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{-# LANGUAGE BangPatterns
{---------------------------- Forwarded message -----------------------------
From: (Donald Bruce Stewart)
Date: Jun 7 2007, 6:43 pm
Subject: Fast number parsing with strict bytestrings [Was: Re: Seemingly
subtle change causes large performance variation]
To: fa.haskell
*** Solution 3: 4x faster by processing strict cache chunks
Now the fun part.
The following code is the fastest way I know to process lists of numbers
(in any language). Its' based on similar code I wrote for the language
shootout. The key trick is to use lazy bytestrings *only* as a method
for filling the cache with newline-aligned chunks of numbers. Once
you've got that perfectly-sized chunk, walk its lines, and process them.
This is all done in Haskell, and relies on an understanding of the low
level details of bytestring optimisations.
The general framework could be reused for any code that needs to process
a list of numbers in a file, where you care about speed.
It performs as follows:
$ time ./F < in
./F < in 0.24s user 0.01s system 76% cpu 0.327 total
Pretty fast..
---------------------------- Forwarded message -----------------------------}
import Data.Char
import Data.Maybe
import Data.ByteString hiding (last, uncons)
import Data.ByteString.Internal
import Data.ByteString.Unsafe
import qualified Data.ByteString.Char8 as S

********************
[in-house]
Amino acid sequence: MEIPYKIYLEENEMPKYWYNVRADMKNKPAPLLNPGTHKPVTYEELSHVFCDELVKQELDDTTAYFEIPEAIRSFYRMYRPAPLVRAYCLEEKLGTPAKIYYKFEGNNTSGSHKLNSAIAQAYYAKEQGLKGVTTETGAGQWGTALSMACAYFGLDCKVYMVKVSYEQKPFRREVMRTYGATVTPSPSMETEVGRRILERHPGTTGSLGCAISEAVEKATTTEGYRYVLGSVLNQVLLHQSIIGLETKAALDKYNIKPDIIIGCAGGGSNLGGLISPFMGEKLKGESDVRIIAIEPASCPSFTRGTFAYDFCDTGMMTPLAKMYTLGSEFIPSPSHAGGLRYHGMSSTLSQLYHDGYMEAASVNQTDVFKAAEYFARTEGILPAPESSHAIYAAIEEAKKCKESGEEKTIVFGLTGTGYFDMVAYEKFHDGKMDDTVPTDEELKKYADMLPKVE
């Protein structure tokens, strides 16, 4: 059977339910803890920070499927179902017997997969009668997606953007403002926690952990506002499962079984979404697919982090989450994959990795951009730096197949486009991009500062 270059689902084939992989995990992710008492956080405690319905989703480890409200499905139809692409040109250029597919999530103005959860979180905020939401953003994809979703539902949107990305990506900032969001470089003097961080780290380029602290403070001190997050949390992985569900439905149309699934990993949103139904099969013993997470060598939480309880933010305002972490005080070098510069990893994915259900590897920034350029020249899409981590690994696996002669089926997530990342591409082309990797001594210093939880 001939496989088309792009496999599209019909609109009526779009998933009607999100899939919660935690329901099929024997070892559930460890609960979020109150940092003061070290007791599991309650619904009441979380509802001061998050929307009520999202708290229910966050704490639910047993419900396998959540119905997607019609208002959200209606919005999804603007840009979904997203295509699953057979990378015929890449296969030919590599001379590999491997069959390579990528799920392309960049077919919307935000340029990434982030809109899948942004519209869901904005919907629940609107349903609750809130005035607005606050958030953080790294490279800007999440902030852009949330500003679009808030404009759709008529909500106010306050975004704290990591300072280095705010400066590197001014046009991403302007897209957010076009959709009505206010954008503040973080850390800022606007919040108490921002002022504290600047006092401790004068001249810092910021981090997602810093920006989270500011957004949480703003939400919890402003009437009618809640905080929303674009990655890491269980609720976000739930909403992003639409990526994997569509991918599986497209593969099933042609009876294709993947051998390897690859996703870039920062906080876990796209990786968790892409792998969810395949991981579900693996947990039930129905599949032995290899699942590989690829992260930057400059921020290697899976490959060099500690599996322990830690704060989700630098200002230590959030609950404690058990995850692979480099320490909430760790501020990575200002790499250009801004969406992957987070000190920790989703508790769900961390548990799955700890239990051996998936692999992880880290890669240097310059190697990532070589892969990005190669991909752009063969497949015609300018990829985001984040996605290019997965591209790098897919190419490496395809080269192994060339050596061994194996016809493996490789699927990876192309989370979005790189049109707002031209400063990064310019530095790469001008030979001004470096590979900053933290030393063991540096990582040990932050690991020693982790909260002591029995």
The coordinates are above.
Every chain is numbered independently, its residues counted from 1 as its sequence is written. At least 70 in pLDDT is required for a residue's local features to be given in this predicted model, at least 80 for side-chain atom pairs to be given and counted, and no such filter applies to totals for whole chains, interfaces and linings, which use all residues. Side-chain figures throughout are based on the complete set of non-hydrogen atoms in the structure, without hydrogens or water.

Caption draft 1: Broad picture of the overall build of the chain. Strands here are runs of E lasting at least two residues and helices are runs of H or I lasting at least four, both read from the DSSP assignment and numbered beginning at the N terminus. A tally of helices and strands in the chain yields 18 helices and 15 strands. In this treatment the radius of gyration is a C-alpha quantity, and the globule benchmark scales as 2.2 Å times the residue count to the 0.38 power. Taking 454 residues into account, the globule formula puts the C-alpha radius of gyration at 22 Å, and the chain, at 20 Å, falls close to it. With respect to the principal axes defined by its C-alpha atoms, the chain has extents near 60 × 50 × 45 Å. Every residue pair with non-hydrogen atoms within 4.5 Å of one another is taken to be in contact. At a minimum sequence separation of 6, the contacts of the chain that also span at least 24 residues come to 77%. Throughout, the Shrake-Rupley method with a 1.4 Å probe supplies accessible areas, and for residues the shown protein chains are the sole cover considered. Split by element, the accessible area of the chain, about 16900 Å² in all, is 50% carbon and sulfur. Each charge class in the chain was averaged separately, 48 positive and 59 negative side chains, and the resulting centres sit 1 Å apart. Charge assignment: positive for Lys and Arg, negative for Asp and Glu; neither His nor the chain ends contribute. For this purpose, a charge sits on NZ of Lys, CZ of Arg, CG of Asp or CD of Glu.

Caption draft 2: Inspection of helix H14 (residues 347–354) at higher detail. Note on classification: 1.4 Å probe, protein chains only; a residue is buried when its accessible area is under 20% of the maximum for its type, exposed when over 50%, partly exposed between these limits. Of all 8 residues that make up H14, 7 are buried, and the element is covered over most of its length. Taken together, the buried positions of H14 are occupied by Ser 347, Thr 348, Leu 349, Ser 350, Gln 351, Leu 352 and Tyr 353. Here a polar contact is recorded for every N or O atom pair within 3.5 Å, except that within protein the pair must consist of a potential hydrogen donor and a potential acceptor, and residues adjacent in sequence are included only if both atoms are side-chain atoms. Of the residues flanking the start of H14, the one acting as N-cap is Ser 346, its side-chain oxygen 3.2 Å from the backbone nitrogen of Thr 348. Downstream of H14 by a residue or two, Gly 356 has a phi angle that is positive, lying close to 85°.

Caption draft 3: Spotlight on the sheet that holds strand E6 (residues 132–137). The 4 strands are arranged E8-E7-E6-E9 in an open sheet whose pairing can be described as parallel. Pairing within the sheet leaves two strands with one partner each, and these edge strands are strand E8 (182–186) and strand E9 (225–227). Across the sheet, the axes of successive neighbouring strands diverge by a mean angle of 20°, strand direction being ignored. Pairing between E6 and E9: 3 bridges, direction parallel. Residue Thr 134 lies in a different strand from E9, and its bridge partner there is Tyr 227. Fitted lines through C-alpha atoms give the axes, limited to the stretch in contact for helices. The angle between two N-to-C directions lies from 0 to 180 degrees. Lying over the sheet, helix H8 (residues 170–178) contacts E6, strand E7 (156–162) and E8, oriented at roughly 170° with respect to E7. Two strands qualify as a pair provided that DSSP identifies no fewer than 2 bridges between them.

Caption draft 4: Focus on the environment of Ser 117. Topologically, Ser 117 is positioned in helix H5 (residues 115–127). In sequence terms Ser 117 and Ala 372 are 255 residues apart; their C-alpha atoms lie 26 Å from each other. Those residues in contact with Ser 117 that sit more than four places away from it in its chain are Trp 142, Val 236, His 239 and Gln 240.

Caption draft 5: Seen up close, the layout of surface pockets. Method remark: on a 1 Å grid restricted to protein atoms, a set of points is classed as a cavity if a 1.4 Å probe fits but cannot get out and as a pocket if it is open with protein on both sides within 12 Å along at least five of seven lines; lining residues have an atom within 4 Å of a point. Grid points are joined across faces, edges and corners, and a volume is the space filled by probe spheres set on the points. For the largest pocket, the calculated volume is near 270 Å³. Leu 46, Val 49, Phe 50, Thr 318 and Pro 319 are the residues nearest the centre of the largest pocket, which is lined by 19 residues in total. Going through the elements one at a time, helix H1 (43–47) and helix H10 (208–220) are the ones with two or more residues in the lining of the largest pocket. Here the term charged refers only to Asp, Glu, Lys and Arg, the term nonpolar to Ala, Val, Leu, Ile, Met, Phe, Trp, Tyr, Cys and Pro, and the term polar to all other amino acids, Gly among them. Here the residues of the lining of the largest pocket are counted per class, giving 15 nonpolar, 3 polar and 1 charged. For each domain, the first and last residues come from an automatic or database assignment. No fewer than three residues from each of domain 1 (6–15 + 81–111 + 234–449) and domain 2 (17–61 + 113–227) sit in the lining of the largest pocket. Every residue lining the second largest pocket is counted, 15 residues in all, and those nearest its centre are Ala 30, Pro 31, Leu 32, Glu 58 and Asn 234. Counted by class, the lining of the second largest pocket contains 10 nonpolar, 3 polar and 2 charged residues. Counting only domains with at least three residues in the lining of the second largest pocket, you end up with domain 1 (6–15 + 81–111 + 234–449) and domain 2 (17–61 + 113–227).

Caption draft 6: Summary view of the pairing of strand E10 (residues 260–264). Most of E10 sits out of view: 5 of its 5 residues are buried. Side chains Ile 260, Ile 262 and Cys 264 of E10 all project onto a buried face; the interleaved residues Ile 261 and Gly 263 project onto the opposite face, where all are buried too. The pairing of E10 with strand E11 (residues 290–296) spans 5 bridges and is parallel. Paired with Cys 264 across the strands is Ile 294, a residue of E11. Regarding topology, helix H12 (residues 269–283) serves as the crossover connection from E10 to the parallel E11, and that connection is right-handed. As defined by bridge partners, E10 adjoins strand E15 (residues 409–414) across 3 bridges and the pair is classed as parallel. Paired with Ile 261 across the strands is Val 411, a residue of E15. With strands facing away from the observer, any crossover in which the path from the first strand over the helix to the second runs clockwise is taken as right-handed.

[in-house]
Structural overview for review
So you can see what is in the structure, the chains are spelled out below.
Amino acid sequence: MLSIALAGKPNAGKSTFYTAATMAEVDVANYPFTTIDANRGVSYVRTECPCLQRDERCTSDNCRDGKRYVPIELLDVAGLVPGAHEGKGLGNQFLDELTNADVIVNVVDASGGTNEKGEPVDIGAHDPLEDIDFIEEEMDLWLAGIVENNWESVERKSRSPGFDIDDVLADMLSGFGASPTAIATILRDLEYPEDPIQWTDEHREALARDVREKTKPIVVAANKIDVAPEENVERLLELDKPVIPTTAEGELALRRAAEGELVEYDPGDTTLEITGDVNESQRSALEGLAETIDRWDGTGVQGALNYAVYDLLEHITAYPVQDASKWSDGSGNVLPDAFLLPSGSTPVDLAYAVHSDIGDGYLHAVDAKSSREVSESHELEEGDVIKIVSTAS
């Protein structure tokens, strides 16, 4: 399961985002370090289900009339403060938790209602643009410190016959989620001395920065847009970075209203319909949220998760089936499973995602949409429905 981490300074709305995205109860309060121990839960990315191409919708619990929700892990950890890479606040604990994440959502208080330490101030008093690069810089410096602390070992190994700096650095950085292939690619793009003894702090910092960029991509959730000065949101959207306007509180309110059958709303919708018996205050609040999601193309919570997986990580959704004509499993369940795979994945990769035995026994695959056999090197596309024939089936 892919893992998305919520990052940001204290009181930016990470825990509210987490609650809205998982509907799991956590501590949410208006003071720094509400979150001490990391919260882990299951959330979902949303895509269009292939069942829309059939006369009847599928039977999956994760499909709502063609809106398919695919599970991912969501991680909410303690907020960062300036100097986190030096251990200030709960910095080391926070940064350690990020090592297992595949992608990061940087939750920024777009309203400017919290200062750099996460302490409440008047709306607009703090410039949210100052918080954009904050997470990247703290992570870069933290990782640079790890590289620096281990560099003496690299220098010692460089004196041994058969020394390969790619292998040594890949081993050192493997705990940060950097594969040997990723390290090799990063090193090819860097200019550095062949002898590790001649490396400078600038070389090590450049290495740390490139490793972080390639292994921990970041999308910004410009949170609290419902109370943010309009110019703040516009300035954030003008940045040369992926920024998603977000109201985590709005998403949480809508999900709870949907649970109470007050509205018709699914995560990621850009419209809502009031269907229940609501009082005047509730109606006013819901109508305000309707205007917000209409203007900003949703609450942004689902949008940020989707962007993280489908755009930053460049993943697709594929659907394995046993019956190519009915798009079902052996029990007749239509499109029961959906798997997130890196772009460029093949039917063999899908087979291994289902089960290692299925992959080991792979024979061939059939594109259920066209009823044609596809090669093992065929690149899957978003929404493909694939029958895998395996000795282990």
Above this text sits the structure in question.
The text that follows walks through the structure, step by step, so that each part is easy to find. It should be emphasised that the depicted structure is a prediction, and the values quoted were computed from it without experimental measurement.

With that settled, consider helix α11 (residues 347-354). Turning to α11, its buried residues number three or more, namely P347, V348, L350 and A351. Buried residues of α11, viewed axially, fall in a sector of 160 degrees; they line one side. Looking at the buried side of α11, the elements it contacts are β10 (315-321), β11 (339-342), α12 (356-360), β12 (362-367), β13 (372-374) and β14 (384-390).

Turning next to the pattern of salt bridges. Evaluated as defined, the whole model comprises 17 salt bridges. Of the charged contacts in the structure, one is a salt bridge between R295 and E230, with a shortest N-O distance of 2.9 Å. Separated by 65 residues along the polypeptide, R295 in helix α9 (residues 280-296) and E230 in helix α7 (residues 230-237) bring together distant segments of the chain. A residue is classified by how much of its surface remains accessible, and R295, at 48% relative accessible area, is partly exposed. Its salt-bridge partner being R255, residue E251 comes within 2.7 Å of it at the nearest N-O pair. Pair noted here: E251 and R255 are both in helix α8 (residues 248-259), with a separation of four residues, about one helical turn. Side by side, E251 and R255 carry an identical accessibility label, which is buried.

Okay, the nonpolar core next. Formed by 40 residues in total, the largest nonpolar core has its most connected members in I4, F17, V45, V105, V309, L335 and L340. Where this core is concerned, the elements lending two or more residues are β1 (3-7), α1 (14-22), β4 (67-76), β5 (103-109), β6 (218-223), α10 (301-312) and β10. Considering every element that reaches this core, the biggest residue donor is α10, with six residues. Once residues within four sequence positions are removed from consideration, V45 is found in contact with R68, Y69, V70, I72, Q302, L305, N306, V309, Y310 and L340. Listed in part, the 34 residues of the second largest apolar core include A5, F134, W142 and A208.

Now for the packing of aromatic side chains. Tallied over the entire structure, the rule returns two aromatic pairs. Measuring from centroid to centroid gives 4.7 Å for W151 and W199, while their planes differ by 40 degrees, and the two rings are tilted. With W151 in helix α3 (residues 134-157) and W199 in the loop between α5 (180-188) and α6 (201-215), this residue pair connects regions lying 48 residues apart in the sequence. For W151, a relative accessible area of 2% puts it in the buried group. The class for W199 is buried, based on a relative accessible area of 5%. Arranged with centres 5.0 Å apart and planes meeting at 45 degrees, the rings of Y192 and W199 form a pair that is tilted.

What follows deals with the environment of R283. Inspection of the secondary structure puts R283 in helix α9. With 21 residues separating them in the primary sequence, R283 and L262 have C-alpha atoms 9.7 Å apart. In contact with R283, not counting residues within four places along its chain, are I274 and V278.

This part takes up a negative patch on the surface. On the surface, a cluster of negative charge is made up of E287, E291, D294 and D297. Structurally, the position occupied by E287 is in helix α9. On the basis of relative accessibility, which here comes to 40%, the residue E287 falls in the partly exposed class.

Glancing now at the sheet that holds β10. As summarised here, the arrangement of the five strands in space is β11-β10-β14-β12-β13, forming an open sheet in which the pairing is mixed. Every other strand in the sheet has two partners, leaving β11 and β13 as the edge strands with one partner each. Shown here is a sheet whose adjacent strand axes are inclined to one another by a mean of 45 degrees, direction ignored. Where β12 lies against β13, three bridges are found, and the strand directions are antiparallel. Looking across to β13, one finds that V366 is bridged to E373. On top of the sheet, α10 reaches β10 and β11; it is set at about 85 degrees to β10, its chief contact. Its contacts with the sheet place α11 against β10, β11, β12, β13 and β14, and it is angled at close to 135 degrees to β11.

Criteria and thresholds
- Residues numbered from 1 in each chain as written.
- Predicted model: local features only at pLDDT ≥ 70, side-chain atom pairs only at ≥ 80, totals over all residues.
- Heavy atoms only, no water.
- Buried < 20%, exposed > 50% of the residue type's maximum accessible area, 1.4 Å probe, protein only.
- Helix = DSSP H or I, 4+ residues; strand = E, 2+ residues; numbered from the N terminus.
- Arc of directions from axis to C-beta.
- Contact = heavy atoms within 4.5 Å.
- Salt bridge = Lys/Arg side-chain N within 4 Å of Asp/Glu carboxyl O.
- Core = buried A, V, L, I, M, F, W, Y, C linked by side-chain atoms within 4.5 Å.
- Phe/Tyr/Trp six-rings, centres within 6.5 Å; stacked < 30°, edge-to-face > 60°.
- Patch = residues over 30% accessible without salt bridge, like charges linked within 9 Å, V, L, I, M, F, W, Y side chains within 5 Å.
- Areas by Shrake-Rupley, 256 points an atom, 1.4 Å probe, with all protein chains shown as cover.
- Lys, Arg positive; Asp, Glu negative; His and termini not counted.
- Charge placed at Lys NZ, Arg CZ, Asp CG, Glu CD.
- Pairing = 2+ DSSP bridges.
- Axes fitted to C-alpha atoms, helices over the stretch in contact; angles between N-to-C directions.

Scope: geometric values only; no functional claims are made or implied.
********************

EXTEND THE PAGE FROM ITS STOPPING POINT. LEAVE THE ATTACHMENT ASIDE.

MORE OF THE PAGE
import qualified Data.ByteString.Lazy.Char8 as L
main = do
ss <- L.getContents -- done with IO now.
let (l,ls) = L.break (=='\n') ss
-- don't need count, we're allocating lazily
k = fst . fromJust . L.readInt . last . L.split ' ' $ l
file = L.toChunks (L.tail ls) -- a lazy list of strict cache chunks
print $ process k 0 file
divisibleBy :: Int -> Int -> Bool
a `divisibleBy` n = a `rem` n == 0
-- ---------------------------------------------------------------------
-- Optimised parsing of strict bytestrings representing \n separated numbers
-- we have the file as a list of cache chunks
-- align them on \n boundaries, and process each chunk separately
-- when the next chunk is demanded, it will be read in.
process :: Int -> Int -> [S.ByteString] -> Int
process k i [] = i
process k !i (s:t:ts) | S.last s /= '\n' = process k (add k i s') ts'
(s',r) = S.breakEnd (=='\n') s
ts' = (S.append r t) : ts -- join chunks on line boundaries
process k i (s: ss) = process k (add k i s) ss
-- process a single cache-sized chunk of numbers, \n aligned
add :: Int -> Int -> S.ByteString -> Int
add k i s | S.null s = i
| otherwise = test k i (parse x) xs
where (x,xs) = uncons s
-- process a single line, until \n
test :: Int -> Int -> Int -> ByteString -> Int
test k i !n t
| y == '\n' = -- done reading the line, process it:
if n `divisibleBy` k then add k (i+1) ys
else add k i ys
| otherwise = test k i n' ys
where (y,ys) = uncons t
n' = parse y + 10 * n
parse c = ord c - ord '0'
-- fastest way to take the head of a strict bytestring
uncons s = (w2c (unsafeHead s), unsafeTail s)